A little over a year ago, my skin (which, historically, had only ever been dry/combination) went a little bonkers. I was stressed, I had gone off a medication that affected my hormones, my diet was all over the place, I was abusing acid-heavy exfoliating products, and as a result, my skin seemed to flip personalities practically overnight. All of a sudden, my skin had become uncontrollably oily, and I’d wake up to at least three new pimples every single morning. As a beauty editor, I’m super blessed to have plenty of top-notch products at my disposal and experts on speed dial, but nothing I implemented seemed to make a dent in my oily, acne-prone skin until a friend from the industry recommended I see celebrity facialist and Brentwood-based esthetician Vanessa Hernandez.
To make a long story short, I was able to stop by Hernandez’s gorgeous studio, where she quickly put me on a strict skin protocol—one of four curated healing methods she’s famous for in the L.A. area. (To help get my oily skin and acne under control, she prescribed her Acne and Congestion plan, but she also has plans geared toward pigmentation, texture enhancement, and tightening. As her website outlines, the VH Method is a personalized and curated skin treatment protocol Hernandez and her wonderful team specifically customizes for your skin type and concerns.
“We not only address all of your skin’s needs both externally and internally but also develop a combination of in-office treatments and at-home routines that fit your lifestyle and budget,” she explains. “The VH Method incorporates the most advanced technologies that trigger collagen production, smooth and refine the skin’s texture, brighten skin tone, and give you an overall healthy, youthful, and radiant glow.”
Since I can personally vouch for how knowledgeable and effective Hernandez’s skin expertise is, I asked both Hernandez and her fellow esthetician Dakota Katt (who I still see for regular skin check-ups) to share all of their best tips and product recommendations for oily skin. Keep scrolling!
If there’s anything I’ve learned after talking to countless skin experts, it’s that pinpointing your skin type is a lot more complicated and personal than the product industry would like us to believe. Even within one category (like, for instance, oily skin), there are so many variables that come into play, and just because someone may exhibit a particular symptom, such as acne, that doesn’t automatically mean they fall into the oily-skin camp. (Hello, hormones, pollution, diet, etc.)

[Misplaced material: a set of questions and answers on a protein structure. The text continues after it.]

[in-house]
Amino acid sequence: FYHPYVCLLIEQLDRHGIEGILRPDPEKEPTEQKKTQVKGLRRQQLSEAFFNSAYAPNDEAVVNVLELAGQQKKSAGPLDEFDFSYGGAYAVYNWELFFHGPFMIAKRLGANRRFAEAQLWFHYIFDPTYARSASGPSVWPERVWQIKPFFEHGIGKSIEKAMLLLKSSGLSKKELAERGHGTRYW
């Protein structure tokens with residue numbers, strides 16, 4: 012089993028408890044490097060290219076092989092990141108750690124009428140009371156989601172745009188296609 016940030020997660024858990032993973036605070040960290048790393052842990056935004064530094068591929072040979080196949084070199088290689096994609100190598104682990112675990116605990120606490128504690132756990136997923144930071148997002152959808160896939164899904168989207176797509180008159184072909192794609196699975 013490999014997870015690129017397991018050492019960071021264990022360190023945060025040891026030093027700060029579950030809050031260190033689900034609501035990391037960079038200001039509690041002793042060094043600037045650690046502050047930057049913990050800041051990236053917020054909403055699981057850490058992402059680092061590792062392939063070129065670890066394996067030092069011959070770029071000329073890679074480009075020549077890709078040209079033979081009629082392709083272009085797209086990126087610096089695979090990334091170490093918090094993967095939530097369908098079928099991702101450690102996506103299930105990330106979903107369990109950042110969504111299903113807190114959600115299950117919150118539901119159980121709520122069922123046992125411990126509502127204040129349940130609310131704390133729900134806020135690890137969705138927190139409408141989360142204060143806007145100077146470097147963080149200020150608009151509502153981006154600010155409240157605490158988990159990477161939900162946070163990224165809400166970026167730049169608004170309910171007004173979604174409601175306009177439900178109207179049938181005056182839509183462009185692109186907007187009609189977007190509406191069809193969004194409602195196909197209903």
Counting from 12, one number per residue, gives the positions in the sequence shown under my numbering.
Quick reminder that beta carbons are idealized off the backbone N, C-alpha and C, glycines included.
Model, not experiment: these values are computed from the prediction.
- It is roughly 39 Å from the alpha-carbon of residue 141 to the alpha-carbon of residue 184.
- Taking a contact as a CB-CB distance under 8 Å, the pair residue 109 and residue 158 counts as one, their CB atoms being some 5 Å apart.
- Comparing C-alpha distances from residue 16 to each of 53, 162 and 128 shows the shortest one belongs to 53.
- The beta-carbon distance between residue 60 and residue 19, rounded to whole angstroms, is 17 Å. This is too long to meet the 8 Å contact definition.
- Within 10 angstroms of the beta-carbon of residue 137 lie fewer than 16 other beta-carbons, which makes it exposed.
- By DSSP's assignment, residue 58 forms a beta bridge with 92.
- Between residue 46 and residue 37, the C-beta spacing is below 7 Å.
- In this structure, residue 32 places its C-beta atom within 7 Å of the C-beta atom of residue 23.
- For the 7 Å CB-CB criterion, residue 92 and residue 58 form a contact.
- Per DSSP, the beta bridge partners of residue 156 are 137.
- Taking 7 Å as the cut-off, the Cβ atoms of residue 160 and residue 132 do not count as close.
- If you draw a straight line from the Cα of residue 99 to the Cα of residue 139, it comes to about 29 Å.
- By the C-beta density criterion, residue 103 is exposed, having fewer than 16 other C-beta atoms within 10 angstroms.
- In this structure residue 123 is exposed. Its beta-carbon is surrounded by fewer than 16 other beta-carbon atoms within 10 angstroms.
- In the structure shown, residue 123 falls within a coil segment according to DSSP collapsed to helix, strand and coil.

Consulting a dermatologist or licensed esthetician to assess your skin type and any concerns you’re having is the best way to Nancy Drew your skin type, but in general, Katt says (a) having significant shine on your face by midday; (b) noticing enlarged pores, especially around the T-zone; (c) experiencing frequent congestion and/or breakouts; and (d) applying foundation only to have it pill off quickly after application are all common signs your skin is on the oilier side.
As Katt explains to me, oily skin is essentially too much of a good thing, and it manifests when our sebaceous glands begin to produce an excess amount of sebum. (FYI: Genetics, diet, environment, overwashing, hormones, medications, and cosmetics are just a few of the factors that can cause or exacerbate oily skin.)
That said, sebum is important. It helps keep our skin hydrated, healthy, and supple, and it even diminishes visible signs of aging by keeping our complexion dewy and moisturized. In excess, however, it can lead to acne, congestion, and unwanted shine, and using products that are either too rich or overly drying can definitely make oily skin worse.
“Oily skins don’t need additional oil (which is why lightweight or oil-free moisturizers are recommended), but what you do need is water,” explains celebrity esthetician Renée Rouleau. “When the skin doesn’t have the adequate water levels it needs to function properly, it attempts to balance itself by stimulating the nerve endings at the base of the pore. These nerve endings are connected to oil glands and send a message that it’s time to make more oil.” Additionally, Rouleau says that when the oil starts pushing through it may also encounter a clog, triggering bacteria that could potentially lead to a breakout or blemish. Simply put, she says, skin cells are like fish: “They need water to live, and without it, your skin will appear oiler with an increased chance of breakout activity.”
“Above all else, I recommend products that gently exfoliate for oily skin types,” Hernandez shares. “There are two ways to exfoliate: physically and chemically. Gentle scrubs, facial tools, and even washcloths are considered physical methods, while AHAs (like glycolic and lactic acids) and BHAs (like salicylic acids) are considered chemical.” Additionally, Hernandez recommends swapping super-rich moisturizers for lightweight or oil-free options instead, as formulas that are too heavy or have too much oil will only congest your pores.
In a perfect world, we’d all have our very own skin experts on speed dial or within walking distance from our homes, but in-office appointments can be spendy, and since we’re still doing our best to stay at home as much as possible right now, we asked Hernandez to share her recommended oily-skin product protocol with us. Below are the morning and evening lineups she typically recommends for clients with oily skin. Keep scrolling!
FYI: Product strategy is involved.
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